How "Foreign" to the U.S. is Chinese-American Food?
The core of the post is this TED video by Jennifer 8. Lee about Chinese-American food, which addresses how Chinese those dishes are or are not. (Fair warning: the video includes examples of exclusion-era racism.)
To me, one thing that was particularly worth noting in the video is that while many of the particulars of Chinese-American food are direct artifacts of Chinese-American and Japanese-American history, that history is completely detached from white experience of "Chinese" food. Similarly, the Chinese history that is supposedly attached to Chinese-American food is absent in actual practice: how many white eaters of "Chinese" food know who General Tso was? Or ever bother to go home and find out? (Personal disclosure: I always wondered while sitting in the restaurant, but have never remembered long enough to find out when I got home.)
I'm doing some reading about Chinese-exclusion-era U.S. history, and one of the major themes (which persists still today) is the white perception that Chinese immigrants to the U.S. were inherently, perpetually "foreign" and would never assimilate into American culture, a perception that was perceived to justify white racism against Chinese immigrants. The assumption that assimilation is the worthy and obvious obligation of all immigrants is itself messed up, but there's also a perniciously self-fulfilling prophecy in that expectation of perpetual foreignness. From this video, it's clear that while Chinese-American food is a example of Chinese-Americans intensively interacting with white Americans to create an inherently American standard menu, that menu is still labeled as "foreign" by white American culture. Since that menu was devised by "foreigners who will never assimilate" (the so-called "logic" runs), it is labeled as "foreign" forever after, even though it's not actually foreign.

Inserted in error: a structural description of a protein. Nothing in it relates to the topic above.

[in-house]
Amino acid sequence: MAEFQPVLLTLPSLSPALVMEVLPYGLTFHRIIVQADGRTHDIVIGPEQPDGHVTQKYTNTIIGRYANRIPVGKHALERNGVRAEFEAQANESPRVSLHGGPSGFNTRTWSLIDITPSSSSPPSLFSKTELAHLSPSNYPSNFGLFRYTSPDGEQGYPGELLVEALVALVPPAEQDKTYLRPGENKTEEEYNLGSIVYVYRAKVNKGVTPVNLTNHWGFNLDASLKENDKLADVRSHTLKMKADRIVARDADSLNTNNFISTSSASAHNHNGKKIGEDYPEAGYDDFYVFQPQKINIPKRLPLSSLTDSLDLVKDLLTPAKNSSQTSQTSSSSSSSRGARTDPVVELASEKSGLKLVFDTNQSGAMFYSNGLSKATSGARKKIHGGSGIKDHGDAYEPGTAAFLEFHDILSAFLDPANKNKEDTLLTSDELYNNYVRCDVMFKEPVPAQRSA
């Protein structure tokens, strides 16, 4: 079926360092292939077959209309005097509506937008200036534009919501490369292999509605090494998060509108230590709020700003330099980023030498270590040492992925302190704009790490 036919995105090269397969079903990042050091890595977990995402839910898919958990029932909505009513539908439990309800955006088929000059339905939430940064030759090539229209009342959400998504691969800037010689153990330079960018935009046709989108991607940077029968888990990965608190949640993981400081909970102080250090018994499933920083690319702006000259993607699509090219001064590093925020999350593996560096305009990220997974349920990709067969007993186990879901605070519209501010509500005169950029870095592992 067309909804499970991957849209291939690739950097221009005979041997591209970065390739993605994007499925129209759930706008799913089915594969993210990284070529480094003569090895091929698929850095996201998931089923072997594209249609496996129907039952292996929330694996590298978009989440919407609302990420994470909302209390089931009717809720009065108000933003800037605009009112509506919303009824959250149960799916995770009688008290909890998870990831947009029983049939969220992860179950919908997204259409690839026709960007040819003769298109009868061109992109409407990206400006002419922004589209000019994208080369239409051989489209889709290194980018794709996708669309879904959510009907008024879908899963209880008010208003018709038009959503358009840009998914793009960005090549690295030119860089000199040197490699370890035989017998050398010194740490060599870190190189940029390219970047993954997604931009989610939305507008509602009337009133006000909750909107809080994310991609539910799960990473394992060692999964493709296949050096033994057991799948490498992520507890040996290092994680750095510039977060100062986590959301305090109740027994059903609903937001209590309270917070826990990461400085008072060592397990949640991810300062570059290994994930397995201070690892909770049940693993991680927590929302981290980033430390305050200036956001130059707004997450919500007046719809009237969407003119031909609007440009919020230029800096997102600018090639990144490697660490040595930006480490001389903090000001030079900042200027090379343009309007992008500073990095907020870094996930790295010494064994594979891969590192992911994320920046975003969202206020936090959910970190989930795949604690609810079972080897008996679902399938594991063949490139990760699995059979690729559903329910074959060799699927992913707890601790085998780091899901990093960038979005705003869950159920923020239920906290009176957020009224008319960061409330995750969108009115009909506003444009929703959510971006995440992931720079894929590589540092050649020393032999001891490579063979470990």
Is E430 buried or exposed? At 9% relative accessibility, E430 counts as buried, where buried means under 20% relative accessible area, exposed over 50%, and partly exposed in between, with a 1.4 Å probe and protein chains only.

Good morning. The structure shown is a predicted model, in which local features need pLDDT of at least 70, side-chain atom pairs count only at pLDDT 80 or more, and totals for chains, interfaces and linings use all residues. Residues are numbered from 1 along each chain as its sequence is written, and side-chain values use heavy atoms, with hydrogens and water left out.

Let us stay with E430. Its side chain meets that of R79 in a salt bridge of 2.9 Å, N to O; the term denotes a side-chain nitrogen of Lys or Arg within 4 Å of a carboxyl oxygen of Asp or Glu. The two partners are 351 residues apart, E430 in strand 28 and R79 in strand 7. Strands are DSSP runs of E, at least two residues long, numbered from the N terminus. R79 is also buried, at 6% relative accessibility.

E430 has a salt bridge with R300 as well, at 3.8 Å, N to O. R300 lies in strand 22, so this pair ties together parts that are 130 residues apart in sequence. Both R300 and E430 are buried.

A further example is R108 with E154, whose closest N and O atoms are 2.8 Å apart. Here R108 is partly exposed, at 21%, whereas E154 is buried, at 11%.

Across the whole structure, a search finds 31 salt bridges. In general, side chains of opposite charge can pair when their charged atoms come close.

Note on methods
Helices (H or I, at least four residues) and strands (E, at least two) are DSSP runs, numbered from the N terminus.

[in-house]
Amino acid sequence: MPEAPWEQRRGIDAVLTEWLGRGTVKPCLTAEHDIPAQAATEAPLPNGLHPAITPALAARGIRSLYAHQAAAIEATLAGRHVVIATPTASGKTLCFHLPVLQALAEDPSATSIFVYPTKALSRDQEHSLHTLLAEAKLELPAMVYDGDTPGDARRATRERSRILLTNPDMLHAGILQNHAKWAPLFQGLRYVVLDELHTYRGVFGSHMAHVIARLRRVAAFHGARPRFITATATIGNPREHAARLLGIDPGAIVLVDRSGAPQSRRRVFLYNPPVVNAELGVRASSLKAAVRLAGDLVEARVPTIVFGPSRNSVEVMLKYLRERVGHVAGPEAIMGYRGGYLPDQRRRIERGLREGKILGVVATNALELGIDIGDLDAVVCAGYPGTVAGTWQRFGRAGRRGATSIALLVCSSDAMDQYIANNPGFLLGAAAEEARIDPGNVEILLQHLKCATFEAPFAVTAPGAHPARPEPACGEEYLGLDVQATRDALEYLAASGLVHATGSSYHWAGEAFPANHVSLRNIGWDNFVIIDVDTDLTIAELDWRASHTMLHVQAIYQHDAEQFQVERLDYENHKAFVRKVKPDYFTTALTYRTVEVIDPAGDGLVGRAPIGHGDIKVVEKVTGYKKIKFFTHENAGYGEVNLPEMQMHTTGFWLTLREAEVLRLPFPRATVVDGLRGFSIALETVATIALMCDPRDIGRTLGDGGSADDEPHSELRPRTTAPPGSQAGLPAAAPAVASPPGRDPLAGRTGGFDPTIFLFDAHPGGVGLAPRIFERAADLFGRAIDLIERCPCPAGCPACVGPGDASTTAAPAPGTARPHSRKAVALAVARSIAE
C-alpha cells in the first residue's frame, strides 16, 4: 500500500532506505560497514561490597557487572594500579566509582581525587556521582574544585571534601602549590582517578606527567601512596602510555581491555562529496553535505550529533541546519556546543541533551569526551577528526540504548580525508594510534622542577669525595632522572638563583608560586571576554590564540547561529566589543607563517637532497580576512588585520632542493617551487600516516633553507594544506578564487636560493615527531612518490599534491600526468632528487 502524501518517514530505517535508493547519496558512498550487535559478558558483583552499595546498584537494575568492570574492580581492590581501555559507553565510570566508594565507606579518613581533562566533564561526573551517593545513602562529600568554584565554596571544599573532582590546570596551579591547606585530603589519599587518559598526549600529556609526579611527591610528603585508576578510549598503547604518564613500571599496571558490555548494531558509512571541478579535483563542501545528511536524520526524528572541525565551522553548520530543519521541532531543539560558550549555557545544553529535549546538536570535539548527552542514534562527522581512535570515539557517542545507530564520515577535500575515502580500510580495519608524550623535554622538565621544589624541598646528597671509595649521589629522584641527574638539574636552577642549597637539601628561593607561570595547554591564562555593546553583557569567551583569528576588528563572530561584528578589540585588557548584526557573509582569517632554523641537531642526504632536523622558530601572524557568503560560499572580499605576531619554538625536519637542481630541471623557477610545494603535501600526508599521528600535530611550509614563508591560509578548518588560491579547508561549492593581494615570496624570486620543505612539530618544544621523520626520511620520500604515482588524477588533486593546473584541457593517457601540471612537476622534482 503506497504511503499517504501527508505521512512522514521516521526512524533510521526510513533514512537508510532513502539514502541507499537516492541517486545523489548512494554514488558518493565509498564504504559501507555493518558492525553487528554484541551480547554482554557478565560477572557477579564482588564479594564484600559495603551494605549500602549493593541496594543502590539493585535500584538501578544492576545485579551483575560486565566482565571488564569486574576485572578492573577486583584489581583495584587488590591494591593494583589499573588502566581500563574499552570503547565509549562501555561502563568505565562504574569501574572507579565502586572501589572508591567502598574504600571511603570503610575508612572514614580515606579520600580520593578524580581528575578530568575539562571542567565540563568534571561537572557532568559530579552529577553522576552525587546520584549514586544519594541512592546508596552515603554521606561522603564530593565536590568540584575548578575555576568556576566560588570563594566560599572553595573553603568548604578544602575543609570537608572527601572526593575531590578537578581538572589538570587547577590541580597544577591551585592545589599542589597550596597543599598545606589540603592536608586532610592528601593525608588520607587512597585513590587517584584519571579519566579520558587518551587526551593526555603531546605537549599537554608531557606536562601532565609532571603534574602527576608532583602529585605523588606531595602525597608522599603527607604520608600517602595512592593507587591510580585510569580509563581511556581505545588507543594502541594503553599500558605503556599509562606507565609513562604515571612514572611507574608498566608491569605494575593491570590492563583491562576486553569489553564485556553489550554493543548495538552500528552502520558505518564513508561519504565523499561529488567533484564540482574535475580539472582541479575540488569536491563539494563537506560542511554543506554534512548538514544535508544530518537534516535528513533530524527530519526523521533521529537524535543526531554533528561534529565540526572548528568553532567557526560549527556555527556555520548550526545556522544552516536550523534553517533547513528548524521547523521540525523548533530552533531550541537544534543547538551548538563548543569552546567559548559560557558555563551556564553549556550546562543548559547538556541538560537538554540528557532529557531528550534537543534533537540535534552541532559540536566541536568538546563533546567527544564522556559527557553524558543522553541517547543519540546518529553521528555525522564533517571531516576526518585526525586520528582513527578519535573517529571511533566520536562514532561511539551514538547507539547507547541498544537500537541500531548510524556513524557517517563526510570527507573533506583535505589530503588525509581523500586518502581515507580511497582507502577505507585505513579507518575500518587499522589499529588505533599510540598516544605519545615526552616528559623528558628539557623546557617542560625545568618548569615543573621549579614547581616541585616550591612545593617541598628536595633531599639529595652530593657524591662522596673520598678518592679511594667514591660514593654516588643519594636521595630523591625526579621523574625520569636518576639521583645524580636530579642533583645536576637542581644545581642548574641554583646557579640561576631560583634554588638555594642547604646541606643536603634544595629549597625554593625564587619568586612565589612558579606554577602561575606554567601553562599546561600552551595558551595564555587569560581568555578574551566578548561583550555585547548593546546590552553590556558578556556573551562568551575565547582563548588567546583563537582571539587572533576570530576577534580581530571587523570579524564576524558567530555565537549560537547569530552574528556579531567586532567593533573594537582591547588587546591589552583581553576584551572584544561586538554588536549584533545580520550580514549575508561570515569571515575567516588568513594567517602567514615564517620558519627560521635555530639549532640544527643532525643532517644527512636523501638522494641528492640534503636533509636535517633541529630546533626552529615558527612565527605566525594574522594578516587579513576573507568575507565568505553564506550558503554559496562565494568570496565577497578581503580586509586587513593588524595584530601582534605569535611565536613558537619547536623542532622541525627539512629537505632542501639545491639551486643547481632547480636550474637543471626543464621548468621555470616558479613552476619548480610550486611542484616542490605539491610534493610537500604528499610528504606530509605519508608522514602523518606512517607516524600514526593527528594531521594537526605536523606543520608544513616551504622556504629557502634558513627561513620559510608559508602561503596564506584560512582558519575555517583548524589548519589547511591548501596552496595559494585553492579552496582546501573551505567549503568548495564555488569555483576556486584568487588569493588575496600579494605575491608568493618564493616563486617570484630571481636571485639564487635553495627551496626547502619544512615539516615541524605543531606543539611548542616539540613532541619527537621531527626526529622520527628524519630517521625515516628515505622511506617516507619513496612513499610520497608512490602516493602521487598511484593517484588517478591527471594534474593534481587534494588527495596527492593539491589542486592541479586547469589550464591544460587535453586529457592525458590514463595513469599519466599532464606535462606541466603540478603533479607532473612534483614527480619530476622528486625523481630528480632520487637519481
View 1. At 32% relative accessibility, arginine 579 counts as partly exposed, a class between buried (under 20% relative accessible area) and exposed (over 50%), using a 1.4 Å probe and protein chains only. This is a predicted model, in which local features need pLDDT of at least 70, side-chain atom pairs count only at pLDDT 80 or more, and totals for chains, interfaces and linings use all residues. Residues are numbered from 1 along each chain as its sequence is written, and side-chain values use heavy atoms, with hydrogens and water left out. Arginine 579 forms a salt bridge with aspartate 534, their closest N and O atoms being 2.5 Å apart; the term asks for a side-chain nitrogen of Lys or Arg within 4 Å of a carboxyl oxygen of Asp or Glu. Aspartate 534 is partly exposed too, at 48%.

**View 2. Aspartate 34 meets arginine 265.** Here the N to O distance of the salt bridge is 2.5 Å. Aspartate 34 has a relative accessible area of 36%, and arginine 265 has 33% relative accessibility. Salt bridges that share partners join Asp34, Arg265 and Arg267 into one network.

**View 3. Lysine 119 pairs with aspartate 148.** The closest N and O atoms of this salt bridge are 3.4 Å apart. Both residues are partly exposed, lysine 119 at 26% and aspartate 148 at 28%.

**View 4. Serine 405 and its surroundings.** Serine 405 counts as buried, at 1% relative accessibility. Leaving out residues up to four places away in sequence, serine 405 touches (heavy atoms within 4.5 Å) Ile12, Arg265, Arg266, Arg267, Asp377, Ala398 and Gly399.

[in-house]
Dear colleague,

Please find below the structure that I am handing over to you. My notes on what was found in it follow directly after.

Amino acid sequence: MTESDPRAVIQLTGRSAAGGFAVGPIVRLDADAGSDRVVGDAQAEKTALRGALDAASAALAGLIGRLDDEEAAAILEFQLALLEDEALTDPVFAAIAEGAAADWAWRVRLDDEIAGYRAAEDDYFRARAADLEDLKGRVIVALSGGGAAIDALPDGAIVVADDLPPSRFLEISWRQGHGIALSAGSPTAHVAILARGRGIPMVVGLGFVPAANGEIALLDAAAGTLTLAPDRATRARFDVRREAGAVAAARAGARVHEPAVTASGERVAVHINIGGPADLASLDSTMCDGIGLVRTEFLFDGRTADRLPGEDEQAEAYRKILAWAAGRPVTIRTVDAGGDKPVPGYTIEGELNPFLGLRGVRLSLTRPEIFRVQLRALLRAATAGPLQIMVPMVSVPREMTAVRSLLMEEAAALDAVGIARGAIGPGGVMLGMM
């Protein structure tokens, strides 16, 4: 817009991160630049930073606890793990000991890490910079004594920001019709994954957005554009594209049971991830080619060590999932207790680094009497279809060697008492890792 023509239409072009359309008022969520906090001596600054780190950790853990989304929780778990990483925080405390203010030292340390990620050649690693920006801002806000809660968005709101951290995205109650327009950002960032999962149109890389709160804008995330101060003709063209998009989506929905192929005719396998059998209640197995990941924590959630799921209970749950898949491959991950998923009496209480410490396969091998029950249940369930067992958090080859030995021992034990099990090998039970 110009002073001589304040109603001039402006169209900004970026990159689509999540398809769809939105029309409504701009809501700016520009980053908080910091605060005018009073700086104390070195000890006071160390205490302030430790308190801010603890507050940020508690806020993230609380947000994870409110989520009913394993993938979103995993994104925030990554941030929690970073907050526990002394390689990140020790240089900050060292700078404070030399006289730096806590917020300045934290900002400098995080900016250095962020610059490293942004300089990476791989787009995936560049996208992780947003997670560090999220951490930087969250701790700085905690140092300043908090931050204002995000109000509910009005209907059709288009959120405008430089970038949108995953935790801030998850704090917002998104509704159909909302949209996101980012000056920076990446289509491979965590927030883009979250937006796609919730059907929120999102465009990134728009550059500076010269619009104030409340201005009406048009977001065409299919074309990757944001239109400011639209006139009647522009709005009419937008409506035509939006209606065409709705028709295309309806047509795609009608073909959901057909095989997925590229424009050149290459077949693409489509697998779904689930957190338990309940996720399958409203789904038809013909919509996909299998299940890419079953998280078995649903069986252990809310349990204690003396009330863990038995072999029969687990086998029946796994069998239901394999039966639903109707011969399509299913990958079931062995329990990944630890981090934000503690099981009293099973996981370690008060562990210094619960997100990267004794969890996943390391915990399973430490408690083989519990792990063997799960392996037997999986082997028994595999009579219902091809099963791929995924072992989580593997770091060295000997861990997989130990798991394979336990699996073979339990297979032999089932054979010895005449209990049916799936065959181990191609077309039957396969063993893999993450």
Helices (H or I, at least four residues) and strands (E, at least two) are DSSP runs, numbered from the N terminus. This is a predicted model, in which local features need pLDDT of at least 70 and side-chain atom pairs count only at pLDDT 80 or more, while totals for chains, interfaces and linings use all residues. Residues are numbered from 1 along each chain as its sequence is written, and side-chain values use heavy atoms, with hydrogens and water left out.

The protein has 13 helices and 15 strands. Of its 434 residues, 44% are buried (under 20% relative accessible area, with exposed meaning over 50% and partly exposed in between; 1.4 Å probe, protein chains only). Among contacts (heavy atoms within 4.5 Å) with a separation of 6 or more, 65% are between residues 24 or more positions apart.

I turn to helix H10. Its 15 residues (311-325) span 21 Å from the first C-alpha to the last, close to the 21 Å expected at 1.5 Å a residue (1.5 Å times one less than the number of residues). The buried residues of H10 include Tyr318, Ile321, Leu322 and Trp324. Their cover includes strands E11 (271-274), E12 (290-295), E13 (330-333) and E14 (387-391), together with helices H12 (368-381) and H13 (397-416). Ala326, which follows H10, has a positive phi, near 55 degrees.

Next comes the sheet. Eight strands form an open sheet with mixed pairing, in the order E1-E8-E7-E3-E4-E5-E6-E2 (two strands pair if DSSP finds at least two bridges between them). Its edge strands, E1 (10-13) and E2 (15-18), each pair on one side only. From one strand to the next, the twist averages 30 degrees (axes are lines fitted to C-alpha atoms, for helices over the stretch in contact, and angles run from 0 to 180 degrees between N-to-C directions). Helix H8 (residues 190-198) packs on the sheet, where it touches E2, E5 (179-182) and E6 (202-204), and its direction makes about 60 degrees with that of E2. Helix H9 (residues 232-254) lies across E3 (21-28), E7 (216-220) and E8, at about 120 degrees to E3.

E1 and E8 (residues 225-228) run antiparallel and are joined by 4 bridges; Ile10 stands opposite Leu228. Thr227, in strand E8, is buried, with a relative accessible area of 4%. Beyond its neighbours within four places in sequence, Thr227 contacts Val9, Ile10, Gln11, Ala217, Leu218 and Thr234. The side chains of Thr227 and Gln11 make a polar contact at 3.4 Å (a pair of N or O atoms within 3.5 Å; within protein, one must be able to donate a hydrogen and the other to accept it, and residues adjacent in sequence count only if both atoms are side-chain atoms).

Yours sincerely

Perpetual "foreignness" is a racialized phenomenon. American foods that are traceable to European immigrant groups -- like beer, for example -- are not perceived as "foreign." Instead, those foods are commonly understood to be Americanized offshoots that have become uniquely different from their European counterparts: what American beer-drinker out there believes that contemporary Germans would recognize Budweiser as having much of anything to do with German beer, despite the American beer industry being conspicuously German in origin (Anheuser-Busch, Miller, Pabst, Schlitz)?
(Aside: and that is one of the reasons Irish ancestry in the U.S. isn't the equivalent of racialized ancestries: white immigrants and their descendants can lose the label of "foreign" in a way that racialized immigrants and their descendants can't. Irish-Americans in the U.S. don't get habitually asked where they are "from"; Asian-Americans do. The first-generation Ukrainian immigrants living in my neighborhood are perceived as exotically and suspiciously foreign right now, yes, but their children and grandchildren won't be, and those children and grandchildren won't ever be told to "go back where you came from.")
The Racialicious post concludes with a bulleted debunking of white American culture, which is worth checking out. (I'm not copying it here because that feels like plagiarizing someone else's work.) Stats-geek that I am, I especially like the note about selection bias: the "random" data you have stumbled across in your life is not random, because the patterns and habits of your life induced a bias in that sample.